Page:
Bio fuels along with solar are rapidly becoming one of the twin cylinders of the Cleantech industry. Jim Fraser on the Energy Blog has a very interesting blog this week triggered by Washington Post article about the availability of biofuels feedstocks as a limiting/contributing factor to bio fuels growth.
My belief is that if the economics work, the market manages to push the envelope a lot further than a resource availability study would have predicted, and if the economics do not work, nothing happens anyway. Private industry proves to be extremely more innovative and resourceful than the study can ever predict.
So I never feel that these types of analyses add a huge amount of value beyond initiating a debate. We did an earlier blog about an NREL analysis questioning whether the ethanol industry would have to move towards cellulosic technologies as too much of the US corn crop was needed for animal feed. Our analysis, the current superior economics and lower switching costs of corn based ethanol will win out. Farmer’s are smart, the substitute rather rapidly when the economics are in their favor. We expect to see signficant subsitution of corn into fuel crop use over feed at much lower prices than others have. The real drivers keeping corn ethanol afloat over cellulosic will be sheer process economics (most cellulosic process are not only more costly, the feedstock has severe transport issues), and ease of switching costs (relatively high with new crops like switchgrass, and very low with corn).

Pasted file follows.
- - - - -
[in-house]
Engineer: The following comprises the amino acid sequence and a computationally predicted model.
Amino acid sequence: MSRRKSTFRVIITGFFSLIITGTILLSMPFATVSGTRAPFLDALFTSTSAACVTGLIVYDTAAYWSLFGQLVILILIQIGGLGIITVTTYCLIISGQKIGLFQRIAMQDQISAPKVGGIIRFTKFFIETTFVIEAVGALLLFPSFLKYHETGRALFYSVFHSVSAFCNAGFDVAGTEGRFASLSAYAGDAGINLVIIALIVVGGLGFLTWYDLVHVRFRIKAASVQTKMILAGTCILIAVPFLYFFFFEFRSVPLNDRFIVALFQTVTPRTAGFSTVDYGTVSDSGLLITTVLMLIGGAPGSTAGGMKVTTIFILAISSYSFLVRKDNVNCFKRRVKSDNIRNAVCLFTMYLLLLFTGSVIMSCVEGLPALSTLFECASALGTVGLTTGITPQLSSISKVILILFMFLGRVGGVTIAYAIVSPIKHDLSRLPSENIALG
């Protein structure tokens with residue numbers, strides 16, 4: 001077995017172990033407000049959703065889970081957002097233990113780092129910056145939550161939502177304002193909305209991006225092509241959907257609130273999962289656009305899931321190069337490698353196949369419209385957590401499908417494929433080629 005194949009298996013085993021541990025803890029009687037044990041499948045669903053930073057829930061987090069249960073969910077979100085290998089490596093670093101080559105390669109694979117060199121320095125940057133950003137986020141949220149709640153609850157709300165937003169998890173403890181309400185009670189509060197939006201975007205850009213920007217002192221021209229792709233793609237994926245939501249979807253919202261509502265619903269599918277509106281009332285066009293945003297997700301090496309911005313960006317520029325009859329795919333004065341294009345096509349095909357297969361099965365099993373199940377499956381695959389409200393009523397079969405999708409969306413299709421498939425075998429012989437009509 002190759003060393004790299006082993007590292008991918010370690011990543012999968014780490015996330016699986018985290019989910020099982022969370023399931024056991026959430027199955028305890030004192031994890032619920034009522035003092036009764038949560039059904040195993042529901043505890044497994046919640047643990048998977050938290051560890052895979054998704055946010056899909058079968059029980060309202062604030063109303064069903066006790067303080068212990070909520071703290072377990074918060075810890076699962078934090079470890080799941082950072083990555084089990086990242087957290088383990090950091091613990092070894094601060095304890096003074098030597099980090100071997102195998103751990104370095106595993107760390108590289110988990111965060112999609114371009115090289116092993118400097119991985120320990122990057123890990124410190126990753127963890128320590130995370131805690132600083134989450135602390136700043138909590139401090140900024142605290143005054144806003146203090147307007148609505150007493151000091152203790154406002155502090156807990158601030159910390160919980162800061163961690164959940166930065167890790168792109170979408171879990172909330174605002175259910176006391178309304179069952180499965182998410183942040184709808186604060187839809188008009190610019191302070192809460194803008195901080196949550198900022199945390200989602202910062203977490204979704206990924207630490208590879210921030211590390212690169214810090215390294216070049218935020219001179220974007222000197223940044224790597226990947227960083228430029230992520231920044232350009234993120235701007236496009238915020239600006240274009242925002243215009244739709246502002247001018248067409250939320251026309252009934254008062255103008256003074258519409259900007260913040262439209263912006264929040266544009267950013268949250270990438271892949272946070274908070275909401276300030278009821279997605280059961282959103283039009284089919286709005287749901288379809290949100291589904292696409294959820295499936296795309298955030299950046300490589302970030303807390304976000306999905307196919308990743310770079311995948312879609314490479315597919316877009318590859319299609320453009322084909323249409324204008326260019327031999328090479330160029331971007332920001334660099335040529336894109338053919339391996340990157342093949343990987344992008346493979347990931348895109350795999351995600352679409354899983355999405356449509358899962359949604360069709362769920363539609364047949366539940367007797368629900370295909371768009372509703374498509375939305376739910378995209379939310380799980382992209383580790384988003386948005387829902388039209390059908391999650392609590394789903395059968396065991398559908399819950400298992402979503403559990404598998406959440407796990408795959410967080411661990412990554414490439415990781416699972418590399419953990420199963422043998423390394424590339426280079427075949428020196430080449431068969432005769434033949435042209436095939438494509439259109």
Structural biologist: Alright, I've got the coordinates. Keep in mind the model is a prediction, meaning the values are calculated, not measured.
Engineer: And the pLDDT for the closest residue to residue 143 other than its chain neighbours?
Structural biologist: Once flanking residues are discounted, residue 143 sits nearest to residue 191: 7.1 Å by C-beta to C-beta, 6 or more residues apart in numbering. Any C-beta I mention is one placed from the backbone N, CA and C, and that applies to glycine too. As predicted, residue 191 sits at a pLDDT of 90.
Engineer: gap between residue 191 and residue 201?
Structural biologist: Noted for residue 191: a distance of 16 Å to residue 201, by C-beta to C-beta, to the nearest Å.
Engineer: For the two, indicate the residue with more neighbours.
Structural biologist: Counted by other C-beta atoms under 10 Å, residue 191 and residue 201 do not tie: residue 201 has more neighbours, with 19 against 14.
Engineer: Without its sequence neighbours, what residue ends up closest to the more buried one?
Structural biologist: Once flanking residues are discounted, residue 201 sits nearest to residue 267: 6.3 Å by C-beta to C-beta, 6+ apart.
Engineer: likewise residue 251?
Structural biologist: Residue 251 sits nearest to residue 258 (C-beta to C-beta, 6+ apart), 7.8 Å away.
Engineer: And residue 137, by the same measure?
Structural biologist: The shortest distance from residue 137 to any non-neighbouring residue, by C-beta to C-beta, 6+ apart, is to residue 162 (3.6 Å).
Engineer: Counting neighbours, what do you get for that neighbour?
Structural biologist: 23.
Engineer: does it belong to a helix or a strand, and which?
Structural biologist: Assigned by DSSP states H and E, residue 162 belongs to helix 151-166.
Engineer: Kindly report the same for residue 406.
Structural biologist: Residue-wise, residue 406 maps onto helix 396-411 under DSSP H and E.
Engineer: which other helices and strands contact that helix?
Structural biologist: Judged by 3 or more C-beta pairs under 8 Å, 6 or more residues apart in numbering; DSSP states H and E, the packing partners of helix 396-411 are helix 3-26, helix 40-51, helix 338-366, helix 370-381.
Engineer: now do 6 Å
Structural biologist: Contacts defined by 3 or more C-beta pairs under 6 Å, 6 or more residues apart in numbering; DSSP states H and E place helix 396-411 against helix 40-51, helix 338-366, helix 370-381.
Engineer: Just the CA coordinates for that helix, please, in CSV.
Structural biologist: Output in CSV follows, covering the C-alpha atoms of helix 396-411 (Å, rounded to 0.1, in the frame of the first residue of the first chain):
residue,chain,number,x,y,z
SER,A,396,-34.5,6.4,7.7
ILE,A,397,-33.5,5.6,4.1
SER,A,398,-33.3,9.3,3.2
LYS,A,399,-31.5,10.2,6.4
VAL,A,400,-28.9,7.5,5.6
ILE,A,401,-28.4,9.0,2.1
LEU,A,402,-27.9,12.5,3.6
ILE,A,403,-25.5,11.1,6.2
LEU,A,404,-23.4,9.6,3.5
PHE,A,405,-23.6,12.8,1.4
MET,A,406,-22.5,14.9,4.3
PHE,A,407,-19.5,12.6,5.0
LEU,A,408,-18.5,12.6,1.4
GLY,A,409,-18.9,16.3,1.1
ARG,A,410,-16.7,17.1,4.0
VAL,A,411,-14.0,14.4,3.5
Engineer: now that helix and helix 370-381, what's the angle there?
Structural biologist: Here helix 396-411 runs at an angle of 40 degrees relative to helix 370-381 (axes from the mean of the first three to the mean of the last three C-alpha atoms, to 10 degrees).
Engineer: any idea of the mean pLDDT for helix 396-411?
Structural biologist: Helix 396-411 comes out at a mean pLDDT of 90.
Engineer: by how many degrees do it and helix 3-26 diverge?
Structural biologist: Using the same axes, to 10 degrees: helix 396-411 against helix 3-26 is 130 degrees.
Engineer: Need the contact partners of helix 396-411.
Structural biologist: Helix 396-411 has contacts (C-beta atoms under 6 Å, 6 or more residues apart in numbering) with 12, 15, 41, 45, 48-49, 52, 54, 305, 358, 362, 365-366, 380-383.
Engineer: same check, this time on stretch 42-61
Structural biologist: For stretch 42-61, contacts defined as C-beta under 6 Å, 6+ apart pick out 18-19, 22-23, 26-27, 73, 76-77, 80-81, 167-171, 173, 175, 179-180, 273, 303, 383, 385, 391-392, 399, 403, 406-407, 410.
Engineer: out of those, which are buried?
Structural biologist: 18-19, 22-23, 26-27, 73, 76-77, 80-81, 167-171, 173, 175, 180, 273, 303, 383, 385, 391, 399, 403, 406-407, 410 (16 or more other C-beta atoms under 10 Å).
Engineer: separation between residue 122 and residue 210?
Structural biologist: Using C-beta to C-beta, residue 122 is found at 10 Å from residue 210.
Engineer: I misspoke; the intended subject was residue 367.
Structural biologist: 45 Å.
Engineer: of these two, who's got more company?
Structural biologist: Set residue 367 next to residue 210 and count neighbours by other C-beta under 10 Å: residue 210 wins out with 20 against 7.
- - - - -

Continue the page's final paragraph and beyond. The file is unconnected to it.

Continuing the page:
The Energy Blog’s response to this debate is to champion fuel diversification, PHEVs, EVs, fuel blends, bio fuels, etc., as the solution. With this I wholeheartedly agree. The idea of fuel diversification and fuel switching as a core part of the US energy strategy and the Cleantech debate needs a lot more attention.